Sometimes you have to shake your head over what passes for mainstream entertainment reporting.
The latest issue of Entertainment Weekly features an in-depth piece on Arab-Americans in Hollywood. ‘Don’t Tell Anyone Your Real Name, or You’ll Never Work Again’ recalls the hardships several Arab-American actors have faced since 9/11.
Their tales of woe are likely genuine. Minorities typically struggle in the entertainment business, from a dearth of positions behind the camera to a paucity of meaty roles in front of it.
But the magazine’s take on the issue borders on the surreal. It also ignores the elephant on the movie set.
“Despite Hollywood’s liberal bent, there’s no shortage of minority groups insulted (or ignored) in movies and on TV,” the story alleges.
Hmmm. Wouldn’t that make the industry prejudiced against people of color? But … but … the industry is liberal, so therefore it cannot be racist, the magazine all but shouts. Meanwhile, media outlets label conservatives and Tea Party types as racist with far less proof – if any.
The story’s bigger problems lie elsewhere. According to EW, Hollywood has been cranking out a steady stream of content where Muslims are depicted as terrorists.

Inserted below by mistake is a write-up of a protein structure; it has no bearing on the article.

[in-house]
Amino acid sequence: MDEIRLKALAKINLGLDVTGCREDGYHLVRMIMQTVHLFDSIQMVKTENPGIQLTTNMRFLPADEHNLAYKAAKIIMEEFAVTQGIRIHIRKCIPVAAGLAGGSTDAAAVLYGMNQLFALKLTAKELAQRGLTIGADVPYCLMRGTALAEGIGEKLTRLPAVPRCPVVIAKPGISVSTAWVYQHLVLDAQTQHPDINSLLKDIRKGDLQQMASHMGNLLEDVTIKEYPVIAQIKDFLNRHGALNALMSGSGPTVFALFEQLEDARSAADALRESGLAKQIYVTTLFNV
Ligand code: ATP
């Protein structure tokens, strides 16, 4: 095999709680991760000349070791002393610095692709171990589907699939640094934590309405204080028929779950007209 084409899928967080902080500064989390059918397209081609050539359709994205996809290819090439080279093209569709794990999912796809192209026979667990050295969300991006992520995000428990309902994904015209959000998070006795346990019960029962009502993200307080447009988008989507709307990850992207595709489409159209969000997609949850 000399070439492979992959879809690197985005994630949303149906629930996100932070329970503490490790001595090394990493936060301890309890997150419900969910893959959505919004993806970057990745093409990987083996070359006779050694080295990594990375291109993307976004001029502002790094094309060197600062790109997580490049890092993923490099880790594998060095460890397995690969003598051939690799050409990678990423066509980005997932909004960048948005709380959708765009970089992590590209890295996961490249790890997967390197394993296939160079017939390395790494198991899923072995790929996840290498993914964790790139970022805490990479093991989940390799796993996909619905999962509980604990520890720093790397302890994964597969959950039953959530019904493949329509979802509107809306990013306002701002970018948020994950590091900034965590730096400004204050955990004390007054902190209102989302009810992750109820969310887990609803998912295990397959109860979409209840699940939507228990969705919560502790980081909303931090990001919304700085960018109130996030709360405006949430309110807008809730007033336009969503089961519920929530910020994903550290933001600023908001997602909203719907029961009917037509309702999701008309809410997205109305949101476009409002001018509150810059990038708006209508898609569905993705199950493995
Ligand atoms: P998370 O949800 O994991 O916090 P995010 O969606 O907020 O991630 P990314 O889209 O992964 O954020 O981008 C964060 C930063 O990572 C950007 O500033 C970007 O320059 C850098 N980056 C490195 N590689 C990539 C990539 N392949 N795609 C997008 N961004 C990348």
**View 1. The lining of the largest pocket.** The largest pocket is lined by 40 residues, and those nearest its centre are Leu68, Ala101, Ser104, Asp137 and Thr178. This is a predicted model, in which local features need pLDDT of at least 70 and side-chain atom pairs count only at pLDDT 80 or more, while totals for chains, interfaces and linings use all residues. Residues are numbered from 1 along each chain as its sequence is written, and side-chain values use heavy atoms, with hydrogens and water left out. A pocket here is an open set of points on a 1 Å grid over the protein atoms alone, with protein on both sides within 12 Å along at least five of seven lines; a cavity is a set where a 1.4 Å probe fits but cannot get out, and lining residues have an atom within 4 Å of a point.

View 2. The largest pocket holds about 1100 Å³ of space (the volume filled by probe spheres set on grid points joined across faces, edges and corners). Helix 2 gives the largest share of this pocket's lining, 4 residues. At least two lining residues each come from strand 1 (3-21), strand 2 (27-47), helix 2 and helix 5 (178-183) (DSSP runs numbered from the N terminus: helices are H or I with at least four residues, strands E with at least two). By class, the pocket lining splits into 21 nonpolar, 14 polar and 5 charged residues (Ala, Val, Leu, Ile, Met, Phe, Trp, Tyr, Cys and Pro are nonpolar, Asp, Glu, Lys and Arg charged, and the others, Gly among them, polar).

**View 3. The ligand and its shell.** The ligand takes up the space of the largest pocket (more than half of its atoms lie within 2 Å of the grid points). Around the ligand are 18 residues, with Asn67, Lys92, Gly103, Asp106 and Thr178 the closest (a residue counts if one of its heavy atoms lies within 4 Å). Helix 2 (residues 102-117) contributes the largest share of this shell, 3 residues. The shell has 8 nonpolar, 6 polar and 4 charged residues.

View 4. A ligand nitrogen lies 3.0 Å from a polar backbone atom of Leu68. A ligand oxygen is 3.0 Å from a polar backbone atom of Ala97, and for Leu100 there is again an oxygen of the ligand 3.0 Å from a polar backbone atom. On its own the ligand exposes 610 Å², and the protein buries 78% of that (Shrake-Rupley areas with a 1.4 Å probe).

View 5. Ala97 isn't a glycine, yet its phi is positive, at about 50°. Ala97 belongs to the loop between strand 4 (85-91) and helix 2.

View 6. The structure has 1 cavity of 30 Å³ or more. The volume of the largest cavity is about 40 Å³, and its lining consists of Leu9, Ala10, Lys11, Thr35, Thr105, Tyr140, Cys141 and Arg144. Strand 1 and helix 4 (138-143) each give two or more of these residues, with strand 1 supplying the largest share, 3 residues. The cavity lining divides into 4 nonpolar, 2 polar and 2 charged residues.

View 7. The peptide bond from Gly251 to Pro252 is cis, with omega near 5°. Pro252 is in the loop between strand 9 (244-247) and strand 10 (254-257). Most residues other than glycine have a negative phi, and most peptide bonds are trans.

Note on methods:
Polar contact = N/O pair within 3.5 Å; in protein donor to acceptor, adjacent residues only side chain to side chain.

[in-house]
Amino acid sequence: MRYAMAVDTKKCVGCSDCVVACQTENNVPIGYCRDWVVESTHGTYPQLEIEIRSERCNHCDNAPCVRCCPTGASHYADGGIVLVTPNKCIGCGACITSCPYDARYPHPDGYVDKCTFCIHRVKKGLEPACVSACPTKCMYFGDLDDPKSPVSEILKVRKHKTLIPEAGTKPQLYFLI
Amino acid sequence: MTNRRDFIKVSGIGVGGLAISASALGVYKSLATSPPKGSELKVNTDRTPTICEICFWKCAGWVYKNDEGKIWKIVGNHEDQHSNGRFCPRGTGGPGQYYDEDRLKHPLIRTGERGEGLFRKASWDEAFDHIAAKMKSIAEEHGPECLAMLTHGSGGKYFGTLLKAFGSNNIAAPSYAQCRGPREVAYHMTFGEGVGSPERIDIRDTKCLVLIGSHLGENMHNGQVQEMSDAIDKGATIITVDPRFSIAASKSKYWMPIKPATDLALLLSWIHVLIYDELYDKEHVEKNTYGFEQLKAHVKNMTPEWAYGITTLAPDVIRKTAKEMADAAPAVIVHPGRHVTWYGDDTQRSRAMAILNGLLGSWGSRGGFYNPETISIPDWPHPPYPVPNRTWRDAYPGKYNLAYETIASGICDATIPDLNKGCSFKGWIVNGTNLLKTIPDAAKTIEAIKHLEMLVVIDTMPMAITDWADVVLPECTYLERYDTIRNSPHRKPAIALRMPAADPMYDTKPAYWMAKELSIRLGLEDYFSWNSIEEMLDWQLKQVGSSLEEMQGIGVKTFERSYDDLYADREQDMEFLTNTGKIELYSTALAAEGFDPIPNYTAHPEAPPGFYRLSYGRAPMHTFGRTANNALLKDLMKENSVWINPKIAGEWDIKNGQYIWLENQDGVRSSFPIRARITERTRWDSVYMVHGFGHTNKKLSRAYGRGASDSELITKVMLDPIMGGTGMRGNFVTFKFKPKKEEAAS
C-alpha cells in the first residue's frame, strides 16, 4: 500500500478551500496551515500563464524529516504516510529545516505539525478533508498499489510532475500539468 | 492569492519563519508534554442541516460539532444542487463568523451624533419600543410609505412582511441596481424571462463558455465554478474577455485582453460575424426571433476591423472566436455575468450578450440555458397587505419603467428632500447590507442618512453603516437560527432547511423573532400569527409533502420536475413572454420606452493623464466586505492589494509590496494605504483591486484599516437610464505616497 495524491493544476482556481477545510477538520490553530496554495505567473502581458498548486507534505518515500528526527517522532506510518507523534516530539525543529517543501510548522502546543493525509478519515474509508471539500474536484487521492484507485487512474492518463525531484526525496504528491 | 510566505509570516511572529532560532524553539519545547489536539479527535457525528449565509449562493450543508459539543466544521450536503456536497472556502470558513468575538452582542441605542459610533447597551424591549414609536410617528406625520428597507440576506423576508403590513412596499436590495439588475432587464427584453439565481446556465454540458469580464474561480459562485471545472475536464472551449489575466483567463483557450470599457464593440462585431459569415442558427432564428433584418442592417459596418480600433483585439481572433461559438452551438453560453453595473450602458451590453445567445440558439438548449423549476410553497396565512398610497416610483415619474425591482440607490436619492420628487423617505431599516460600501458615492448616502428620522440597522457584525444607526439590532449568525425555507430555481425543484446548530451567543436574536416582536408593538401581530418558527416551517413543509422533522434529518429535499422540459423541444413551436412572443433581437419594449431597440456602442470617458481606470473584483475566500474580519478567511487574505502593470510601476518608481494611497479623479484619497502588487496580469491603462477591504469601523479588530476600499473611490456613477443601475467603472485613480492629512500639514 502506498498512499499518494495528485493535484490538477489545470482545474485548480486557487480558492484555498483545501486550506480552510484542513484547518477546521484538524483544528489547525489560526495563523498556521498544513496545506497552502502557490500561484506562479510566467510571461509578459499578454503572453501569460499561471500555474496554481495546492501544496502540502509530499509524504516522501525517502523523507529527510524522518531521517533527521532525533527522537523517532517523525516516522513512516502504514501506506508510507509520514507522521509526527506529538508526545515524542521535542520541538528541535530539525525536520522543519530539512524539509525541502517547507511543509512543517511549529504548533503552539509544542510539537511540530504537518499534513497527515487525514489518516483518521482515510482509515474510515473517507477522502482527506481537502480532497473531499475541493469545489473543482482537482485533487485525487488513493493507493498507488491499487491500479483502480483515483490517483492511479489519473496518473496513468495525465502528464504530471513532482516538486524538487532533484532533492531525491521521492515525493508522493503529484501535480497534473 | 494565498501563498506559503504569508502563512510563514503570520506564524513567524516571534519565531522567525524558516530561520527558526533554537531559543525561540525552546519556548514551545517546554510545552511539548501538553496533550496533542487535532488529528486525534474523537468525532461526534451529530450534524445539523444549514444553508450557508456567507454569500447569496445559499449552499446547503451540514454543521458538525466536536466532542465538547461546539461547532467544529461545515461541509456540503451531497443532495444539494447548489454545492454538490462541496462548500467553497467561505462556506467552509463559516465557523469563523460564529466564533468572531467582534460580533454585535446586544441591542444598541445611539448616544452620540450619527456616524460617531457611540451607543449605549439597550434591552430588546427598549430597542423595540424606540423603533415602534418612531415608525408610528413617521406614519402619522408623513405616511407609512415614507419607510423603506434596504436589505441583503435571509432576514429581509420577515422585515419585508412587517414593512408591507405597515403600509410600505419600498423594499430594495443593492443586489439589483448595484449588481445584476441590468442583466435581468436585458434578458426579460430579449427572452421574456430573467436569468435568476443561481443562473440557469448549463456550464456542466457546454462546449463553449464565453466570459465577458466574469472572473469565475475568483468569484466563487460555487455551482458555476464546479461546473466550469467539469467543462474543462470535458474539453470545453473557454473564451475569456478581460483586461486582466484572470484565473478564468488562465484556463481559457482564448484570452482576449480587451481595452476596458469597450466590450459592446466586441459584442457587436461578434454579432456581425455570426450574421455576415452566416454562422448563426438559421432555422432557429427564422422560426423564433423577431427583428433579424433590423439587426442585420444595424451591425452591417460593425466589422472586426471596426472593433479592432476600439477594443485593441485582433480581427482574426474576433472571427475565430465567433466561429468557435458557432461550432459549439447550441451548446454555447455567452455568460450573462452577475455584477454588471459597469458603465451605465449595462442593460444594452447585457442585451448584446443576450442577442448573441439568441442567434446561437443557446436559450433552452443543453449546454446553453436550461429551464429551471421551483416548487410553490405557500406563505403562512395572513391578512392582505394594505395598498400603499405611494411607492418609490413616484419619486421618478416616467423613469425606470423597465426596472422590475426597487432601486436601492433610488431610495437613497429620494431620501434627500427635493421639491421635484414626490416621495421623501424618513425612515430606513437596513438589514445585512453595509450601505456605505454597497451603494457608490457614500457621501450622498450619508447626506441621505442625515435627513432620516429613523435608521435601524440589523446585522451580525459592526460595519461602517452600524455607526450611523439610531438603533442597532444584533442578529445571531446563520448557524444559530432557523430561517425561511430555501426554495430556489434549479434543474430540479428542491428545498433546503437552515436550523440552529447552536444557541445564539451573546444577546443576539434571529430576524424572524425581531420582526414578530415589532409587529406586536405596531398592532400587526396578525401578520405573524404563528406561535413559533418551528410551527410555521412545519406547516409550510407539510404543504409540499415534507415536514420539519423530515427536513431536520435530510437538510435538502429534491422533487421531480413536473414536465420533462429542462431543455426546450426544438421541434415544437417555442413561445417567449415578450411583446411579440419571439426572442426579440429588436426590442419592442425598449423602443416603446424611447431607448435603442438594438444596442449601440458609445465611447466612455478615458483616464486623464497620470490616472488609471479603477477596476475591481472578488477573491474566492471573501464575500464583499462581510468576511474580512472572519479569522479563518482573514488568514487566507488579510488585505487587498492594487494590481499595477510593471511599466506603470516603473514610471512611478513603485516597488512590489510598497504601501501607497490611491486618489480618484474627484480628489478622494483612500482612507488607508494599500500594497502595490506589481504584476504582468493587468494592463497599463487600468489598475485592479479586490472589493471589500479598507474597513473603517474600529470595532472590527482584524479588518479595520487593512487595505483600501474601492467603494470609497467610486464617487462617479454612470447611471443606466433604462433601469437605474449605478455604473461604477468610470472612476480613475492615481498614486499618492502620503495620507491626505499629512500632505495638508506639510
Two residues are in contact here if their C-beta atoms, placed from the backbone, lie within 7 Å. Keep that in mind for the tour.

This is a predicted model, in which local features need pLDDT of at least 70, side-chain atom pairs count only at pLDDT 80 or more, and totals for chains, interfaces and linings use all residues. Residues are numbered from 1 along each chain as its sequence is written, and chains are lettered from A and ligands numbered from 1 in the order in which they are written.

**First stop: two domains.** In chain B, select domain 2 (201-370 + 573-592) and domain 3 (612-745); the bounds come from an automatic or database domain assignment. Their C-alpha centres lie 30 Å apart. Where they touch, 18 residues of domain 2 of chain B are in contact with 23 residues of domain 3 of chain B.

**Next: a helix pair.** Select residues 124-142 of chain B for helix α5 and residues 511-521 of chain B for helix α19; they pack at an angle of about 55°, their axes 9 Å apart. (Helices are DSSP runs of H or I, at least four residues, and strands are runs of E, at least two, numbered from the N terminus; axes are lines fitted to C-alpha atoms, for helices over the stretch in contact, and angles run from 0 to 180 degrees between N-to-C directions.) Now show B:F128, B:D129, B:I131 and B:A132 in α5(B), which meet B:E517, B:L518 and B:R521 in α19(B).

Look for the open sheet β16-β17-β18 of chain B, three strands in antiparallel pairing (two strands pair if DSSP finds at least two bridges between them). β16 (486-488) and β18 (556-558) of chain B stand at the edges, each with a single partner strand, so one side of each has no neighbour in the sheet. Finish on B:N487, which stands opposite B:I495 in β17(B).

So, where is it? Films have studiously avoided tackling terrorism head on with only a few exceptions – ‘The Kingdom,’ ‘Vantage Point’ and ‘United 93’ come to mind. It’s been a full decade since 9/11. Where are all the terrorism-related films? Has there been one ‘Rambo’-esque hero created to take on Al Qaeda? And if not … why not? Who could possibly object? Television better reflected our post 9/11 world, an era when radical Muslims dominate the news cycle with their carnage. That simply made the medium a target for the article’s scorn.
“In the years immediately following 9/11, TV shows were some of the worst offenders,” the article argues. “‘Sleeper Cell’ and ’24’ regularly depicted Muslim Americans plotting homegrown terror around the breakfast table.”
To be fair, it’s not like we’ve seen Muslim Americans in the news for attempting to kill innocents with shoe or underwear bombs, or witnessed atrocities like Muslim-American soldiers slaughtering their peers. Oh, wait.
Reflecting reality just won’t do if you write for Entertainment Weekly.
“Despite improvement, Hollywood still clings to stereotypes in a way that would be comical if so much weren’t at stake,” we’re told.
Is the article referring to negative Southerner stereotypes? Or how about those evil corporate types seen in film after film? Perhaps the writer is bemoaning how people of faith are depicted as loons, or worse?
To be fair, audiences should reject one-dimensional characters of all kinds, from mad Christians to single-minded suicide bombers. But to punish the entertainment industry for daring to show a few Muslims as terrorists is absurd given the cold, hard facts. And shame on the magazine for not calling out Hollywood for its prejudiced hiring practices.